Particle physics models beyond the Standard Model (SM) are necessary to explain dark matter as an elementary particle, since no SM particle has the characteristics of dark matter. Supersymmetric extensions of the SM are still viable and popular, although constraints coming from the Large Hadron Collider (LHC) tend to exclude the simplest supersymmetric models and encourage the study of non-supersymmetric extensions. Among the latter, models with Higgs bosons playing the role of mediator between the SM and the dark matter sector (Higgs portal extensions) have received a lot of attention. Models in which the Higgs boson receives its mass radiatively (Coleman-Weinberg Higgs bosons) can account for dark matter cross sections of interest in direct dark matter searches [H.D. Kim]. Systematic studies of scalar, fermion, and vector dark matter in Higgs portal extensions leads to constraints, predictions, and an understanding of the limitations of simplified approaches such as effective operators [P. Ko]. Models with two electroweak doublets of Higgs bosons can accommodate both the SM Higgs boson with its mass as measured at the LHC, and a dark matter phenomenology that is accessible to current and planned experiments [Y. Jiang]. The simplest SM extension, containing just an additional electroweak Higgs singlet, provides a dark matter candidate still compatible with all constraints and within reach of the next generation of direct and indirect searches [P. Scott].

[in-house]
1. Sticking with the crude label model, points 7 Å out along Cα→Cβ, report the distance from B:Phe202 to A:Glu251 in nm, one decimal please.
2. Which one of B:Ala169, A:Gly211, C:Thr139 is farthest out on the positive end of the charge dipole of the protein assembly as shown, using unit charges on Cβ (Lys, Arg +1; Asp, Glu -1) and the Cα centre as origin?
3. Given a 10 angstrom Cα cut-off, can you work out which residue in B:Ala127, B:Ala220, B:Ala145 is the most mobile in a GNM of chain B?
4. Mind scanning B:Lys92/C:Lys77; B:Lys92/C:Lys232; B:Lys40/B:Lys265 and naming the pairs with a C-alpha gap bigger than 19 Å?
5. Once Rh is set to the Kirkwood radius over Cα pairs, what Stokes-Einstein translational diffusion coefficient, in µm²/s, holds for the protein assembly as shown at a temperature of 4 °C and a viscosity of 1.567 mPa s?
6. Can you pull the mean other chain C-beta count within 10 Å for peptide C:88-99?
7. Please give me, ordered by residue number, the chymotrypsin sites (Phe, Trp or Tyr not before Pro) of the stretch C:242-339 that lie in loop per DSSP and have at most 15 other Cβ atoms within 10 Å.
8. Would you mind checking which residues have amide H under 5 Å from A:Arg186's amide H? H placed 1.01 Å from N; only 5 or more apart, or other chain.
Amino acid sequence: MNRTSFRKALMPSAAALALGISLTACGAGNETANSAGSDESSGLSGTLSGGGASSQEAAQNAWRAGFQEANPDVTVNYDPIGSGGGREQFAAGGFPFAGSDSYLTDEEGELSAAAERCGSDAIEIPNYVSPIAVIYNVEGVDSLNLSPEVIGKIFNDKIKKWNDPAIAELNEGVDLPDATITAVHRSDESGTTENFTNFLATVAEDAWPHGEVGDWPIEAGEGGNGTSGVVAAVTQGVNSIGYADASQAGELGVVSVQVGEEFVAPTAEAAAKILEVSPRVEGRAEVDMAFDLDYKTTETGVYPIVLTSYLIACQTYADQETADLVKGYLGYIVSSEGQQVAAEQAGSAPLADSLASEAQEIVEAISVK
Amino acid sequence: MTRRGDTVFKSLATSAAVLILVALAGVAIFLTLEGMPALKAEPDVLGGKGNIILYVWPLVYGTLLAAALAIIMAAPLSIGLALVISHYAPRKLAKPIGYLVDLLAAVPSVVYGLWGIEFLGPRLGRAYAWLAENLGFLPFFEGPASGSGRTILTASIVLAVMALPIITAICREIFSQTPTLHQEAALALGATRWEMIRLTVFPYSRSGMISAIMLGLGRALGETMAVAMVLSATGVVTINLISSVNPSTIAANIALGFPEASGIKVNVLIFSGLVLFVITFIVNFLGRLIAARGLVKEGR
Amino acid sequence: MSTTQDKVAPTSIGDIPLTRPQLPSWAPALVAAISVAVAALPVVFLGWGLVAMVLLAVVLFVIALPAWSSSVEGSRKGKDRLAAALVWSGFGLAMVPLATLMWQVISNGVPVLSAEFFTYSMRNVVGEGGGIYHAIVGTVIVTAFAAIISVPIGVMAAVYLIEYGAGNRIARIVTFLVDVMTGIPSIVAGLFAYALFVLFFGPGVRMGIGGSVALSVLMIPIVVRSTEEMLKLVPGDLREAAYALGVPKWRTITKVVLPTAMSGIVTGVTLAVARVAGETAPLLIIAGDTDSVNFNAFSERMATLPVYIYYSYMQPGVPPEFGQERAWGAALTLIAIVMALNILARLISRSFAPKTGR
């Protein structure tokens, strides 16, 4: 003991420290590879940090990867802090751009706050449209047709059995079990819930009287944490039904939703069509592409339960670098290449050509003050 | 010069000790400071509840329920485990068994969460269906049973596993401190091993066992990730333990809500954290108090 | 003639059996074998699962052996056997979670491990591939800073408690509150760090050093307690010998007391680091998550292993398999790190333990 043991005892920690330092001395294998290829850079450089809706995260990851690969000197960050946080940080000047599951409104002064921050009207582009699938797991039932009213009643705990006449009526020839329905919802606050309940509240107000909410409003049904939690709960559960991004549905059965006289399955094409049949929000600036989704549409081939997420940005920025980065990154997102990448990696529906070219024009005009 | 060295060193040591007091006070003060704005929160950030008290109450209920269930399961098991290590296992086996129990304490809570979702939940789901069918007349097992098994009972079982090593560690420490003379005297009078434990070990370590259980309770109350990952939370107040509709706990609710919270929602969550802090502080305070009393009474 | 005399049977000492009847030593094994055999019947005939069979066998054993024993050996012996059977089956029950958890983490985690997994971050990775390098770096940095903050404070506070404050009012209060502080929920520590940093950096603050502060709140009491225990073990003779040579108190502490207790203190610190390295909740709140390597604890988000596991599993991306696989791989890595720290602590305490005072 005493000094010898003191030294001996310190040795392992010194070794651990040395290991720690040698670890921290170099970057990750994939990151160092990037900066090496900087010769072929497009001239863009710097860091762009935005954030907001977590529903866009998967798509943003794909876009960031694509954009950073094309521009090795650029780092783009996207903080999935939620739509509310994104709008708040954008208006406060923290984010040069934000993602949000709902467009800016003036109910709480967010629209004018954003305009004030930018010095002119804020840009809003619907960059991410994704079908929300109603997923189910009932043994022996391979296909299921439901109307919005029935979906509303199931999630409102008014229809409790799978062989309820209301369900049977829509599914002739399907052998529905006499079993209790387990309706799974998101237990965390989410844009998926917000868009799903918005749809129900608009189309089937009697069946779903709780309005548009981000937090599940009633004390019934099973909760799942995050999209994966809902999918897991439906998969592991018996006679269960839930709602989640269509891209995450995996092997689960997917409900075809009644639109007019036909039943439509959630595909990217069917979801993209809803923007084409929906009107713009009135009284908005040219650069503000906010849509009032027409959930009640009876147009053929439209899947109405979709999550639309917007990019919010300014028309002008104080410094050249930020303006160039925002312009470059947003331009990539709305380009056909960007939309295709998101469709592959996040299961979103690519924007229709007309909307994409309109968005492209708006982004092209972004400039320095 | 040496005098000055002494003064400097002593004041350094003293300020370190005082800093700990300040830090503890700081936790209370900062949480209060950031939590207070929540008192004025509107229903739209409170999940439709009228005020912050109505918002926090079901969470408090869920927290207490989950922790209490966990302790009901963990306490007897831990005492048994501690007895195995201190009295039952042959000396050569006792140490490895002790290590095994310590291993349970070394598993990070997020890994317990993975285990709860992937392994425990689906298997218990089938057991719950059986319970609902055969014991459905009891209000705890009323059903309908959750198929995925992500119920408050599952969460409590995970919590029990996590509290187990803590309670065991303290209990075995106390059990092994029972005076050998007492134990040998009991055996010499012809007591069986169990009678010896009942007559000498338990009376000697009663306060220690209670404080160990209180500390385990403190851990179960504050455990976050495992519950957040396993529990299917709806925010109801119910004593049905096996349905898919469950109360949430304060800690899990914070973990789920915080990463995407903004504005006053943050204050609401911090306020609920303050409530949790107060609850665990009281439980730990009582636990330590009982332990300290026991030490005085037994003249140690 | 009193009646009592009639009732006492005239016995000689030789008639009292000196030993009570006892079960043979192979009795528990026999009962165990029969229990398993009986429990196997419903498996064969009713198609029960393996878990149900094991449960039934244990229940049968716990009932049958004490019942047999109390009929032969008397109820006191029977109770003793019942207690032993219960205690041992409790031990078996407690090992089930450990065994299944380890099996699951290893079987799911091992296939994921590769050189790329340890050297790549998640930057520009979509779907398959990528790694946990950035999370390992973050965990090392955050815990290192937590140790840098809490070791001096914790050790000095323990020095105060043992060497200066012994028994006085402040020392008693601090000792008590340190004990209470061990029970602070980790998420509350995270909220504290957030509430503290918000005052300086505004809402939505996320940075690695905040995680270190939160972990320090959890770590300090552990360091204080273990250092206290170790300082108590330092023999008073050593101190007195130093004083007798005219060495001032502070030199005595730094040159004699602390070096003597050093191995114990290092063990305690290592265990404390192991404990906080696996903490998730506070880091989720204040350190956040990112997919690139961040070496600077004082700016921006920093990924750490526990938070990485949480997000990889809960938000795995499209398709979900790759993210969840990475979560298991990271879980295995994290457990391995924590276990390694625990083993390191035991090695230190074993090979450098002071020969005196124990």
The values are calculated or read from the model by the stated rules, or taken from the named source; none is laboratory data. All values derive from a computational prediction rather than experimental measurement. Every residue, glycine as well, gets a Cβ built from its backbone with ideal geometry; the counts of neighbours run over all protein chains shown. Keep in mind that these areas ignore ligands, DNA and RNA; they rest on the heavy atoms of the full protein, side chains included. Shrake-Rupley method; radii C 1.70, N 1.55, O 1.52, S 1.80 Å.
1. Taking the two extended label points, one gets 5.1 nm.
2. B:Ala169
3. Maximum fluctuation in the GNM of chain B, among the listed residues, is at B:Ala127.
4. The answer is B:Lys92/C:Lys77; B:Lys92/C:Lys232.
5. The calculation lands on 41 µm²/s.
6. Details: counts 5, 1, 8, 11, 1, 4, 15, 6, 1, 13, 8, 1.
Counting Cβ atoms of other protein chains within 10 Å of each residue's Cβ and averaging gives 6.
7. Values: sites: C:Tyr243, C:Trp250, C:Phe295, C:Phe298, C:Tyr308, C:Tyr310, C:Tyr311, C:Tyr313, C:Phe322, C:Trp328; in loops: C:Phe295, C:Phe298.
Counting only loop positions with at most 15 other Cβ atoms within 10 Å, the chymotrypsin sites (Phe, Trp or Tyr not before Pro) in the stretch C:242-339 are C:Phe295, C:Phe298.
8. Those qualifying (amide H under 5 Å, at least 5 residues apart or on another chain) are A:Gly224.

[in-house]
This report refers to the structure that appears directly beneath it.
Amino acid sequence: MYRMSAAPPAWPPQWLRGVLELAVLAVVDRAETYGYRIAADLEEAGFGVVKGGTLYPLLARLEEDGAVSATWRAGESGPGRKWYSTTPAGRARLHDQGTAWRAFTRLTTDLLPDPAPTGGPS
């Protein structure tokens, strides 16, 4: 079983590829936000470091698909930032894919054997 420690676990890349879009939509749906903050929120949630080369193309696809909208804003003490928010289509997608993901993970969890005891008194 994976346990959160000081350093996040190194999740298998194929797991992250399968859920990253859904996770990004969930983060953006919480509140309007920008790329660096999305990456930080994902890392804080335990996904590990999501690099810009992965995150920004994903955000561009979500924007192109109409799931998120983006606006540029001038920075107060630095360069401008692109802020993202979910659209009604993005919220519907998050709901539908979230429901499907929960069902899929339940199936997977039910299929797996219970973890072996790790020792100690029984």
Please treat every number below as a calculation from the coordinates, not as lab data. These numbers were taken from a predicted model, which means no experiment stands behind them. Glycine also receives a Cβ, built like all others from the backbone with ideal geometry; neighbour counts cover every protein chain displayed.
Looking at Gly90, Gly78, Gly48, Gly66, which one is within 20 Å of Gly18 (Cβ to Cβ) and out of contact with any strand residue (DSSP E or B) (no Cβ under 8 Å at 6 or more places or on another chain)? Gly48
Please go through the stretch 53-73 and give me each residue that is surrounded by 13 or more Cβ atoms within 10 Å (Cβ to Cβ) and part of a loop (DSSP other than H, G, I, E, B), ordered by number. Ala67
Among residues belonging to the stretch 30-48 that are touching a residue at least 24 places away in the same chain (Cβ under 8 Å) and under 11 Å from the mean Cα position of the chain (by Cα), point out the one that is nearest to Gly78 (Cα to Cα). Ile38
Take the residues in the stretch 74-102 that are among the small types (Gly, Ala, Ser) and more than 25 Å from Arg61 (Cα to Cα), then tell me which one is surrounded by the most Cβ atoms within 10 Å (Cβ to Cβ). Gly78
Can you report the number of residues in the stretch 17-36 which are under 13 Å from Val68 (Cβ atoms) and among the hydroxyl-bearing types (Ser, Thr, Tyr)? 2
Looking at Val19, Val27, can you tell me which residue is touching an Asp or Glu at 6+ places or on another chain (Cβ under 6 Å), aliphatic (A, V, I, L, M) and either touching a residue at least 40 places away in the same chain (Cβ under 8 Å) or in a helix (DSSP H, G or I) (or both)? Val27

Other indirect methods to search for dark matter annihilation include microwaves and radio waves. Ionization of the cosmic plasma by dark matter annihilation in the early universe affects cosmic microwave background maps, and constitutes a dark matter probe competitive with gamma-ray and positron searches [F. Iocco]. Synchrotron radiation from the motion of annihilation electrons in magnetic fields is effective in testing models around the galactic center, but not in galaxy clusters [F. Huang].